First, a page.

His intention, he said, if he was reappointed finance minister after the election, would be to keep the tax rate roughly level with where it is now, neither raising nor lowering taxes, in the hope that Sweden’s state finances go into a small surplus next year. 

He said it had been right this year to pass measures to increase the incomes of the poorest families and the poorest pensioners, and that his party would still seek to give aid targeted those least able to cope with rising prices. 

“Politics has a role,” he said. “But you need to be careful not to create too big a role, because if you think that politics can do everything, then we will start fuelling inflation. It’s a lot harder now than it was in the pandemic.” 

Shortly before the seminar, Ulf Kristersson, leader of the opposition Moderate Party, made a speech in which he accused the government of bringing in 46 new taxes over the last four years, and together in a “left-wing cartel” with other parties of planning a series of tax hikes, including a property tax, a tax on savings, a wealth tax, a tax on the highest incomes, and a reduced tax break on cleaners and other households services.

“I think they’re a bit desperate, because they’re not doing that well in the polls,” Damberg said. “So one way [of improving the situation] is to try to frighten voters. But I think our record speaks for itself, and I think Magdalena Andersson has got a lot of credibility when it comes to handling Swedish economy.” 

“She has not introduced a property tax, and she has not in the last period in government increased the tax burden on ordinary people. If you look at the tax burden in Sweden over the last period, it’s gone down, not up.”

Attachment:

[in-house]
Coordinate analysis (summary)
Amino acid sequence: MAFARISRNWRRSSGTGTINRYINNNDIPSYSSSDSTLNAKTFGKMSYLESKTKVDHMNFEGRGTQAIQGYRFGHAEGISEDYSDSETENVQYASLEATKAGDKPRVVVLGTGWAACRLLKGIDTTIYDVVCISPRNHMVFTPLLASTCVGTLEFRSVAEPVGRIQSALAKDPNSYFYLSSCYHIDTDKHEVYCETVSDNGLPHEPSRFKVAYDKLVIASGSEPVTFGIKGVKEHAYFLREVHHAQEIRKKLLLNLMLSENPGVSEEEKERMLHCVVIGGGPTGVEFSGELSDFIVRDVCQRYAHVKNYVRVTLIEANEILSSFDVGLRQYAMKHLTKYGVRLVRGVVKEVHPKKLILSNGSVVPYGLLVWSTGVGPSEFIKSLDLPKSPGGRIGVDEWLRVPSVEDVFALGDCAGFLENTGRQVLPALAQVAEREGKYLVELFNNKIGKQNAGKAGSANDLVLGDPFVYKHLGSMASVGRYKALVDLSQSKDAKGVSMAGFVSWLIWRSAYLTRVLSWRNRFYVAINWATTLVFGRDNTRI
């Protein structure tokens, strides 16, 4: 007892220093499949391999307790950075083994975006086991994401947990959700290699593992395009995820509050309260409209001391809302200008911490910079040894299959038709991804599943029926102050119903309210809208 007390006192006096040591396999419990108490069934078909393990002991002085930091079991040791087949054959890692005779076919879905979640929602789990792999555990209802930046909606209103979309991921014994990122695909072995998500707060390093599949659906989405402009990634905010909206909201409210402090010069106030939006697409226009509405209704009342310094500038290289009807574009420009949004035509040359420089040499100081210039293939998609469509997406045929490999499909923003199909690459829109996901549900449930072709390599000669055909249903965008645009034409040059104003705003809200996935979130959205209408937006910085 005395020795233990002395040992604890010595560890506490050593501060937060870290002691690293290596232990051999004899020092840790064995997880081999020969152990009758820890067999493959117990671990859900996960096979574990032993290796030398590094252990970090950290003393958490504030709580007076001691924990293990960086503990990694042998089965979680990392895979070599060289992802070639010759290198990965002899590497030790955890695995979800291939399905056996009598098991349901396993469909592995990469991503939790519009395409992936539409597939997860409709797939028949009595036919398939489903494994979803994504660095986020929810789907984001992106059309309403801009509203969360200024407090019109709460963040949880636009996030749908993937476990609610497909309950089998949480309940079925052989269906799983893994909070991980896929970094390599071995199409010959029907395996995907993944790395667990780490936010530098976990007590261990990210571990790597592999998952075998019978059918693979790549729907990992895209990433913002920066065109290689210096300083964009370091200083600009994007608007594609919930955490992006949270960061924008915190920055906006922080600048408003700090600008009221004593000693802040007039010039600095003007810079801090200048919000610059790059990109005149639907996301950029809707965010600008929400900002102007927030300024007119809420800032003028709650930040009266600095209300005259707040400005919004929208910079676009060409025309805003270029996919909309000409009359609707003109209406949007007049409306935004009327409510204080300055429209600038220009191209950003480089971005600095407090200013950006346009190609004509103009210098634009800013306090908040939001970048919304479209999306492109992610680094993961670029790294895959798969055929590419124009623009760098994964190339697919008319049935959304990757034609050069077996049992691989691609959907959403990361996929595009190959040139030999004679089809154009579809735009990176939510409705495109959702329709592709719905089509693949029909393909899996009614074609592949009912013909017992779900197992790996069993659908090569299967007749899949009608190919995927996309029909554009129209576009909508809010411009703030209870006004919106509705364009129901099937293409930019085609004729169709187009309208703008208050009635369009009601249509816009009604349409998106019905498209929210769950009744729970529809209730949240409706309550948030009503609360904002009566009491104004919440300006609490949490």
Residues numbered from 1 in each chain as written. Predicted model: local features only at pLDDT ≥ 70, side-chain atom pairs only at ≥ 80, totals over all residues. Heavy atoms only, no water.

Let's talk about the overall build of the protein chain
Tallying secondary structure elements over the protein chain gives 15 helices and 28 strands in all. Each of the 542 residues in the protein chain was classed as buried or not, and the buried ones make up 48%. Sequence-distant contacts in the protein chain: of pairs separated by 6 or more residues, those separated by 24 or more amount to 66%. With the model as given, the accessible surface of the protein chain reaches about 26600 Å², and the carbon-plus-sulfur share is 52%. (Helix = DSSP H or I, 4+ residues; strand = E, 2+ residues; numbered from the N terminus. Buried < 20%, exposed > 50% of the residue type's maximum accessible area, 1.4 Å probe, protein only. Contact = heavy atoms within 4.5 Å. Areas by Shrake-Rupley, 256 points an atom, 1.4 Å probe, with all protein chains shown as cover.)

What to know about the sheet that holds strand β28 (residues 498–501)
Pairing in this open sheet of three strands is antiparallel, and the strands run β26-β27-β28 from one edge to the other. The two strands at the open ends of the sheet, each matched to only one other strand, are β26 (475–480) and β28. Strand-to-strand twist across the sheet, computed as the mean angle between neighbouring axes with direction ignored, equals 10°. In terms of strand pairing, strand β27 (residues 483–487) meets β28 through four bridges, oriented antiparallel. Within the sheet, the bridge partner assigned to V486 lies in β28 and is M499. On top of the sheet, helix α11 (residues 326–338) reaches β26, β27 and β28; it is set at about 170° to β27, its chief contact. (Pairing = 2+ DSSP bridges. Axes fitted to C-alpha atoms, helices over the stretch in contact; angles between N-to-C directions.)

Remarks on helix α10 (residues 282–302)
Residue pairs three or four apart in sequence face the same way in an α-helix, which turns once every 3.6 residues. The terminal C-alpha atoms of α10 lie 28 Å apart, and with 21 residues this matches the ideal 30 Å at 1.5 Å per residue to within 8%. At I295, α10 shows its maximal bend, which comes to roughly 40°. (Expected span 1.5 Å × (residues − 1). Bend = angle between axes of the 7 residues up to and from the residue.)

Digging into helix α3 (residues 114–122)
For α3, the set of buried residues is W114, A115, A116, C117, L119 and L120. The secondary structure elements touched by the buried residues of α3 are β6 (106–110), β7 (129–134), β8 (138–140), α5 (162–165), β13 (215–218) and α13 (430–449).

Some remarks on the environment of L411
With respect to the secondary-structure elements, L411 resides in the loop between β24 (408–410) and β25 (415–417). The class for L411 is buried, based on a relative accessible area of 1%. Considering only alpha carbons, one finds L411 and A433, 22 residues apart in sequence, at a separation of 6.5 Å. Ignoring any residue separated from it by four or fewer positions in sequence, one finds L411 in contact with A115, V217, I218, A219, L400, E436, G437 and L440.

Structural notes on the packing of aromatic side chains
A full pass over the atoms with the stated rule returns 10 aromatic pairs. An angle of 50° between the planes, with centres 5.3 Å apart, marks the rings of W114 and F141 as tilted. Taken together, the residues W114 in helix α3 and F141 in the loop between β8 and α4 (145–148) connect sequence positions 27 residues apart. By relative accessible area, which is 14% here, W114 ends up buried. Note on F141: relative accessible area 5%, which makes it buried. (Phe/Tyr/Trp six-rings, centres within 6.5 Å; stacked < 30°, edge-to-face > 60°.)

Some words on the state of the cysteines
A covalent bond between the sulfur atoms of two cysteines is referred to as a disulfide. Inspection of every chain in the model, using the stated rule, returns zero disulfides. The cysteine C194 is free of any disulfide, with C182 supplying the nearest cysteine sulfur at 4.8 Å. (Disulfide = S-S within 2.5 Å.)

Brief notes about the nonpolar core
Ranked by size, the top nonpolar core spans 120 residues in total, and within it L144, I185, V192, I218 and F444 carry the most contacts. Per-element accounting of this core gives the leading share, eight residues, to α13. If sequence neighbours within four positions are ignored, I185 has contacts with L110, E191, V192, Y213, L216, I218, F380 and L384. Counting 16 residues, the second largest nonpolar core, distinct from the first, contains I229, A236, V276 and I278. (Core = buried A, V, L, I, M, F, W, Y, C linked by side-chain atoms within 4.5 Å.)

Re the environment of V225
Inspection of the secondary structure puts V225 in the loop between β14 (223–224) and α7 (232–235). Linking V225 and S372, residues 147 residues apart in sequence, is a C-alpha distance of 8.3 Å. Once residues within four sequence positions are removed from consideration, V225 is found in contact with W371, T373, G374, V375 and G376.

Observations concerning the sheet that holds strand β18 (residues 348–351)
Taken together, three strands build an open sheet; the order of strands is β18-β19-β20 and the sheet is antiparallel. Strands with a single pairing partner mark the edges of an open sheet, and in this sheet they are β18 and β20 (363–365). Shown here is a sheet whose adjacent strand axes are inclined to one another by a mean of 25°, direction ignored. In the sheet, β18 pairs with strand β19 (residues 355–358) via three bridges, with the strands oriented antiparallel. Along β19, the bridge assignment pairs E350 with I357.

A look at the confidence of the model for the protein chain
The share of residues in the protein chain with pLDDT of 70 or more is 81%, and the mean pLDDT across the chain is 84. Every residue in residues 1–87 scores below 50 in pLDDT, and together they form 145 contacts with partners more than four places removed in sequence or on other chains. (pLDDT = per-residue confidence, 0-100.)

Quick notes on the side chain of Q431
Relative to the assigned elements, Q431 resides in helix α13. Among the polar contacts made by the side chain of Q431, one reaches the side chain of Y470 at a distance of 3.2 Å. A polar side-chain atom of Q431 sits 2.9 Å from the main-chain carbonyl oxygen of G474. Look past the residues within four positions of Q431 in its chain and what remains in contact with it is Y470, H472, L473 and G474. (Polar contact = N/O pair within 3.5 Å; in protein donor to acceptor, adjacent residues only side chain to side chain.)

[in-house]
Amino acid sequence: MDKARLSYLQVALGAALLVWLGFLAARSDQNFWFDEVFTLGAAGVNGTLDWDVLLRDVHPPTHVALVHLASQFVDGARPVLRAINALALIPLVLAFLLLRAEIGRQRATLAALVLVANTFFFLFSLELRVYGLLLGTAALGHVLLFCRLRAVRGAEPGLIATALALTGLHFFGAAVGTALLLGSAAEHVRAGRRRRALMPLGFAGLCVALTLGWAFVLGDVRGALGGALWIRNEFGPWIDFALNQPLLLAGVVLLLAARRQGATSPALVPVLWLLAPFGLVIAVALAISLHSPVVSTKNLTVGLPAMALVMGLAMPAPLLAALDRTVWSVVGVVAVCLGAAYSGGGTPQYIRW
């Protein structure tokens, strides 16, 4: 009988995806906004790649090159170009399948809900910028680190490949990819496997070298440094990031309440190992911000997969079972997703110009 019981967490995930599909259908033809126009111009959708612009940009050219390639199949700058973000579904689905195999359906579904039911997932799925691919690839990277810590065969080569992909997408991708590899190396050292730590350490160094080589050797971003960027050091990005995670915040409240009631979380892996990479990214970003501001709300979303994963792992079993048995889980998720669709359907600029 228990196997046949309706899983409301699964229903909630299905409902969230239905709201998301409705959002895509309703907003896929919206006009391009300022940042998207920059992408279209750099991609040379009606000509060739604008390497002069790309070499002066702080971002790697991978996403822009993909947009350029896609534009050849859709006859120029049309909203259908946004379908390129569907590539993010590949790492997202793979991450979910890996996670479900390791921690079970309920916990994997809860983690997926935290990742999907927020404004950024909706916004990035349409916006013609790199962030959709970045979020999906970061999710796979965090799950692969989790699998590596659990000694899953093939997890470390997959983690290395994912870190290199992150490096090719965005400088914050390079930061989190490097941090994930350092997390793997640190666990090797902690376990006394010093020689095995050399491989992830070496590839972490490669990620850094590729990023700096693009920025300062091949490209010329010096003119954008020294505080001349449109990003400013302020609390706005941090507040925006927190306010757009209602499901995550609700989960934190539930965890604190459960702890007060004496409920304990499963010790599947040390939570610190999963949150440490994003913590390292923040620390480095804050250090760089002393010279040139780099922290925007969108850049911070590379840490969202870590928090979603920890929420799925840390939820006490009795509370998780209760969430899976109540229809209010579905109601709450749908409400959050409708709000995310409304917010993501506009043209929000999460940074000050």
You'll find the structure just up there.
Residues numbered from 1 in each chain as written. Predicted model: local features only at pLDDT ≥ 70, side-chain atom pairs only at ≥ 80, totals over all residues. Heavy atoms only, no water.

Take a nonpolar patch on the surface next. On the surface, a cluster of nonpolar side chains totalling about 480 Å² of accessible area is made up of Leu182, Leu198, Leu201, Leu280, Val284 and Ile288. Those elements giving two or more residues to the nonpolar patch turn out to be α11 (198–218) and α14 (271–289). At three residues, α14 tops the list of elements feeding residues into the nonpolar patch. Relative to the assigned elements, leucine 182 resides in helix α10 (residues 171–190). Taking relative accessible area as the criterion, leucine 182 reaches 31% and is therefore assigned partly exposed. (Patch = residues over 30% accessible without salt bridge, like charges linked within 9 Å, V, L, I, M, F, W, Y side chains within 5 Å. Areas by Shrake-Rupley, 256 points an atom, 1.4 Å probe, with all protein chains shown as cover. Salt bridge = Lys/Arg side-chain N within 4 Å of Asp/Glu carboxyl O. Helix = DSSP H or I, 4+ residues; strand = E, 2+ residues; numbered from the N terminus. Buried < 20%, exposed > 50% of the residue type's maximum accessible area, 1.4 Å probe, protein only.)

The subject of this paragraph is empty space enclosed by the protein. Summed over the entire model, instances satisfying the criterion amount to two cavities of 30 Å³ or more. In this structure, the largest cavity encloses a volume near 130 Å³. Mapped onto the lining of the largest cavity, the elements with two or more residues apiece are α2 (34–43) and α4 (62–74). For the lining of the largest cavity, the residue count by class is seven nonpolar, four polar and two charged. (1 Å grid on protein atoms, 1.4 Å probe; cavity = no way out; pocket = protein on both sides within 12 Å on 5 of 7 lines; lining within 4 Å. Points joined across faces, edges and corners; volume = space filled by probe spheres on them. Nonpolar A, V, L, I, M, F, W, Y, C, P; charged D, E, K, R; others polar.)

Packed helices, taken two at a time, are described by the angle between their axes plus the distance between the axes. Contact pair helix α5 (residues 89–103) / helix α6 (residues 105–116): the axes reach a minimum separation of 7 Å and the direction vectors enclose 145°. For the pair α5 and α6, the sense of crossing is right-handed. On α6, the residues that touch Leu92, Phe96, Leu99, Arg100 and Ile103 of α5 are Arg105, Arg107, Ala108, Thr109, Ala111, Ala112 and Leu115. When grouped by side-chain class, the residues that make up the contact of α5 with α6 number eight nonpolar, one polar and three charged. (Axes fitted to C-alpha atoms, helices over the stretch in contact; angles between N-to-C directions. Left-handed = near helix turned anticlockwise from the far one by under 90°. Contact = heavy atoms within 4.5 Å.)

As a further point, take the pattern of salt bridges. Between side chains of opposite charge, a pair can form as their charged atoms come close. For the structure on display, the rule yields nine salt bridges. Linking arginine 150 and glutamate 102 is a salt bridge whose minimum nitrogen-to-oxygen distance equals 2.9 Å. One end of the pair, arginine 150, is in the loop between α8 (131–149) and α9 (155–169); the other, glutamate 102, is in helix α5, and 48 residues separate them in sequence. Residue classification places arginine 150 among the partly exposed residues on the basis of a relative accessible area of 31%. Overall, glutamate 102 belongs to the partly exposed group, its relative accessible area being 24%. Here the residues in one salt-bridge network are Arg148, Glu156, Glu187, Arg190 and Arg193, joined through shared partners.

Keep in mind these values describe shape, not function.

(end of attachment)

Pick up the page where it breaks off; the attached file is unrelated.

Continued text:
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Are Sweden’s Social Democrats ready to go as far as Denmark’s?

Prime minister Magdalena Andersson is caught between a rock and a hard place, argues David Crouch. To hold her bloc together, she must eschew the politics that brought the Social Democrats success in Denmark

Are Sweden’s Social Democrats ready to go as far as Denmark’s?

As Sweden’s election campaign trundles towards its culmination on September 11th, the country’s political gamblers are making their last throws of the dice. Recent weeks have shown clearly that the ruling Social Democrats are betting on voters who believe that immigration is to blame for violent crime.

Last weekend, prime minister Magdalena Andersson announced new punishments for gang-related offences, including much longer prison terms and a free hand for police to ransack people’s homes and cars in search of weapons and drugs, even if they themselves were not suspects. She linked the moves explicitly to ethnicity: “Too much migration and too little integration has led to parallel societies where criminal gangs could take root and grow,” she said.

The next day, integration and migration minister Anders Ygeman declared that municipalities would be forced to ensure that the three-year-old children of recent immigrants go to kindergarten, to tackle the segregation that is “tearing apart our country”. Earlier, Ygeman made headlines with by suggesting that no area should have more than fifty percent “non-Nordic” population.